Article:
Monthly Archives: October 2011

West Nile Virus (WNV) and Your Pets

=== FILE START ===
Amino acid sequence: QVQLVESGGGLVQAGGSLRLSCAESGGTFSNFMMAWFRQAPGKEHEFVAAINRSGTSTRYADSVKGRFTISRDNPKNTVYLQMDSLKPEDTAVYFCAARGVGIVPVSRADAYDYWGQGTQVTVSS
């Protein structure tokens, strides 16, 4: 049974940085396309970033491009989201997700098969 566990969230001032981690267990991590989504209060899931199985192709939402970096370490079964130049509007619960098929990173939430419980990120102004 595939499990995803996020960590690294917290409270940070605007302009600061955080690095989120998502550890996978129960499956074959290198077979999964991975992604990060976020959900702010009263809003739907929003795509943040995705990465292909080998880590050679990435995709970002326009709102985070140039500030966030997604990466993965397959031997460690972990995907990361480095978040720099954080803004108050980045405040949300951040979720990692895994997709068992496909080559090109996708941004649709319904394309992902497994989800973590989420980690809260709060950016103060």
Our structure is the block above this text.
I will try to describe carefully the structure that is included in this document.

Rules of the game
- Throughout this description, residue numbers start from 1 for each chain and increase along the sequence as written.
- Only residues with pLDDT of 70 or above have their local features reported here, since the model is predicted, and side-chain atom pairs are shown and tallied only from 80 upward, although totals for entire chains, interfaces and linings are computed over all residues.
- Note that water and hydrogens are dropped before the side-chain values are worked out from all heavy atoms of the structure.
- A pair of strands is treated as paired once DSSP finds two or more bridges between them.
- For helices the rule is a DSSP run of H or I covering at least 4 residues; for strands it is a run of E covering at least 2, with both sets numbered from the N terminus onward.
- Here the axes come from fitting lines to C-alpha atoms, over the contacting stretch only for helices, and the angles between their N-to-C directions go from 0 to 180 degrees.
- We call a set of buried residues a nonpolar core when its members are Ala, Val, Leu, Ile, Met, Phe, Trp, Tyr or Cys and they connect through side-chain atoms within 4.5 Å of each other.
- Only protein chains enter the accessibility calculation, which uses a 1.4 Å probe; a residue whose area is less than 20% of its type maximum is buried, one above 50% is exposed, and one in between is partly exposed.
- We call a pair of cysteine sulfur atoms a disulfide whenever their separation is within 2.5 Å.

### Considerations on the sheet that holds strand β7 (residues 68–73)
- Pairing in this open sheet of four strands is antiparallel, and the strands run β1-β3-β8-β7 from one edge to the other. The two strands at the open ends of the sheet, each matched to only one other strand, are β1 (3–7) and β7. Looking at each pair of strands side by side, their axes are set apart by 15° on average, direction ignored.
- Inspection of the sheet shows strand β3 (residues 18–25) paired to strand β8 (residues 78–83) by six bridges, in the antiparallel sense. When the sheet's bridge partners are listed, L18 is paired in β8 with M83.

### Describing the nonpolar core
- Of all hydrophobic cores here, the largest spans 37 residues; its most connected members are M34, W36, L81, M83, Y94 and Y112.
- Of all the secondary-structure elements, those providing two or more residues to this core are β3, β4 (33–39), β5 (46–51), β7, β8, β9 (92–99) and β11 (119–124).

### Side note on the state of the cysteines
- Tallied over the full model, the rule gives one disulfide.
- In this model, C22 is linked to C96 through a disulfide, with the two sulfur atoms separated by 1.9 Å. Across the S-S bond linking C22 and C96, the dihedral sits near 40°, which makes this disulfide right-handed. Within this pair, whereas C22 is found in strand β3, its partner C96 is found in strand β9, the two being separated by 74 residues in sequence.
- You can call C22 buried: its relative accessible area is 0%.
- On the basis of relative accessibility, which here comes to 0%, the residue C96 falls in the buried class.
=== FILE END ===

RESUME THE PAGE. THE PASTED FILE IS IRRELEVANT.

A recent case of a human fatality due to the West Nile Virus in Oyster Bay prompted several conversations in my office about dogs and cats susceptibility. Although the virus can infect dogs and cats, the risk of illness is very low. The very young, very old, and sick animals are more prone to contracting the disease because their immune systems are weak, but the risk is still considered low. WNV is very dangerous to horses and obviously humans. The virus is transmitted by blood sucking mosquitoes that have fed on infected birds. Although rare in dogs and cats, documented symptoms of the disease include; depression, lack of appetite, difficulty walking, tremors, head tilt, circling and even convulsions. The virus attacks the central nervous system and causes swelling in the brain called encephalitis. Unfortunately, there is no vaccin e to protect yourself or your pets, and there is no specific treatment, only supportive therapy. The virus is not communicable from animals to humans or vice versa, it is only spread by the bite of an infected mosquito. Heartworm disease is also is spread by mosquitoes. Of real concern, is the presence of stagnant water that promotes the breeding of mosquitoes, which is an important reason to eliminate stagnant water from your property Check fountains, pool covers, buckets, birdbaths, clogged gutters, kiddy pools, and low areas of your property where water can accumulate, etc. Adding a specific fish, known as Gambusia, to your artificial ponds will get rid of mosquito larva as that is their preferred food. In fact, they are so efficient at devouring the larva they have been renamed mosquitofish. Goldfish are also very efficient in consuming the larva. Besides removing stagnant water, there are ways to avoid exposure to mosquitoes in general. Namely, refrain from going outdoors very early in the morning and at dusk, especially in hot humid weather. These are the times the nasty blood suckers are outside in the largest numbers. Keep your pets away from dead birds and squirrels. Also, there are products that you can apply to the skin once a month that repel and kill fleas, ticks, AND mosquitoes. DO NOT USE products that have DEET in it as it is toxic to dogs and cats since they may lick their hair.